On its employee resources website, McDonald’s offers workers reasonable if not unexpected advice for a healthier diet. McDonald’s employees should steer clear of fast food, the website warns, because meal consisting of burger, fries, and a soda cause weight gain.
“Fast foods are quick, reasonably priced, and readily available alternatives to home cooking,” one post on the McResource Line site says. “While convenient and economical for a busy lifestyle, fast foods are typically high in calories, fat, saturated fat, sugar, and salt and may put people at risk for becoming overweight.”
Illustrating this point is a picture of what looks suspiciously like McDonald’s food. At 550 calories, McDonald’s Big Mac delivers nearly 50 percent of one’s daily recommended fat. That’s not including the fries and soda.
McDonald’s defended the McResource posts, saying it has been “taken entirely out of context.” “This website provides useful information from respected third-parties about many topics, among them health and wellness,” they told CNBC. “It also includes information from experts about healthy eating and making balanced choices. McDonald’s agrees with this advice.”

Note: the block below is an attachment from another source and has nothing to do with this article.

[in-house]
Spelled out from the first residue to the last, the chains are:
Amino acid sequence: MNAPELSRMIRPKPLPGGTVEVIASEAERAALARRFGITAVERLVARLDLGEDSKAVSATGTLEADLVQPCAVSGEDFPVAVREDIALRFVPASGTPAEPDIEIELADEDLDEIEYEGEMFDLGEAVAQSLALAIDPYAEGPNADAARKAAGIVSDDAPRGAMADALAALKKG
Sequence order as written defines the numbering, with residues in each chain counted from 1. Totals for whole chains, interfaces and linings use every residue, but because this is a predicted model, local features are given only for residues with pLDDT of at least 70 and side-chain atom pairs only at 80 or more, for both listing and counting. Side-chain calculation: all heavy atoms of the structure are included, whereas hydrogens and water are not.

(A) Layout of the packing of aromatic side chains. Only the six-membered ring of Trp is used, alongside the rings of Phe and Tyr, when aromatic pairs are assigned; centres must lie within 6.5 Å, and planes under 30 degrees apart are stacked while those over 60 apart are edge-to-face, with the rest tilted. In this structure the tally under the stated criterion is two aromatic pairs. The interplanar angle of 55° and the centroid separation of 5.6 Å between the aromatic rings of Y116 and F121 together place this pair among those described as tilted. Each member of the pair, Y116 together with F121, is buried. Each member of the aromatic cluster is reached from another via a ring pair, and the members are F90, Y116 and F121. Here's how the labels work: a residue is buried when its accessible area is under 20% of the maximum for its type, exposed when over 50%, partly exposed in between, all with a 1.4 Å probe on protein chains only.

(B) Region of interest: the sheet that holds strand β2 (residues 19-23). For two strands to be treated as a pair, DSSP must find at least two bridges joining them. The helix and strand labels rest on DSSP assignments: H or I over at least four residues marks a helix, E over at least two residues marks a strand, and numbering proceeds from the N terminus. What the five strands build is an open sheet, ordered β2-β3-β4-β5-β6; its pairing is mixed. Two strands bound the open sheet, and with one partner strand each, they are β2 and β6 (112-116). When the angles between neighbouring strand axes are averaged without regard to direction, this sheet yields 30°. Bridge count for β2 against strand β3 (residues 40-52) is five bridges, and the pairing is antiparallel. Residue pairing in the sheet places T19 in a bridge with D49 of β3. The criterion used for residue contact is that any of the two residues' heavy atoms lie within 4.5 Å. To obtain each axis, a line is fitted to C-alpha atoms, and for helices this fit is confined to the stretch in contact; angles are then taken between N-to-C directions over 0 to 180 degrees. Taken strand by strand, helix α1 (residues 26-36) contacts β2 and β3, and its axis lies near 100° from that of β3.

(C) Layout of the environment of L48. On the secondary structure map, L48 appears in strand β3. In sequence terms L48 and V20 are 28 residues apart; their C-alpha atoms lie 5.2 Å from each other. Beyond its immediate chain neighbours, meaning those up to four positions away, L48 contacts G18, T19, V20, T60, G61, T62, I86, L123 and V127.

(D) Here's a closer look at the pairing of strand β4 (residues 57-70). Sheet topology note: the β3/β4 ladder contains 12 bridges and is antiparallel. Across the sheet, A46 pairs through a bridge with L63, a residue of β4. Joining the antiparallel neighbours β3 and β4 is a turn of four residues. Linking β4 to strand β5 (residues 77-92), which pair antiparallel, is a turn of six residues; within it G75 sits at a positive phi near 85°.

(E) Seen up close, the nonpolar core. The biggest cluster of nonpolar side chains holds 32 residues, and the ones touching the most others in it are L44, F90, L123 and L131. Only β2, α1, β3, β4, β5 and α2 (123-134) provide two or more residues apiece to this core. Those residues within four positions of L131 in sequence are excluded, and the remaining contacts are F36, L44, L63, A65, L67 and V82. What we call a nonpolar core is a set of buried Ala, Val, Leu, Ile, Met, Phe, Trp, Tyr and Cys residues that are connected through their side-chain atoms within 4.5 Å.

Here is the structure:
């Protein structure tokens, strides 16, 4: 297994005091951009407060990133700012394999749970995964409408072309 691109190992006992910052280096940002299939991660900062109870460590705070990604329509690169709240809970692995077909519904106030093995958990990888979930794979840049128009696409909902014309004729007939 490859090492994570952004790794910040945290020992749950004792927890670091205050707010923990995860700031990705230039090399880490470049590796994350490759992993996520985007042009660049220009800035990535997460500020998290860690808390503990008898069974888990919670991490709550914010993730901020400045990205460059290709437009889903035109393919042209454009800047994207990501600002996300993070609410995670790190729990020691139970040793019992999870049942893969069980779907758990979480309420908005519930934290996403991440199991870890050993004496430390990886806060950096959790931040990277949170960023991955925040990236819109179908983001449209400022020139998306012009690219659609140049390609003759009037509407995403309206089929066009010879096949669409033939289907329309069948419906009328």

The company pointed to its healthier fare; however, these menu adjustments are often superficial and misleading or slow-coming in the fast food industry. By adding a green label to its McWrap, McDonald’s hopes to attract a younger consumer base that associates green with health.
The McResource Line is now infamous for advising low-income fast food workers to sell Christmas presents for cash and to live on food stamps. The corporation stands firm against raising wages, despite facing embarrassment whenever McDonald’s discusses its $7.81 hourly wage workforce. On these wages, even McDonald’s admitted it is nearly impossible for workers to afford basic expenses from healthy food to heating to transportation.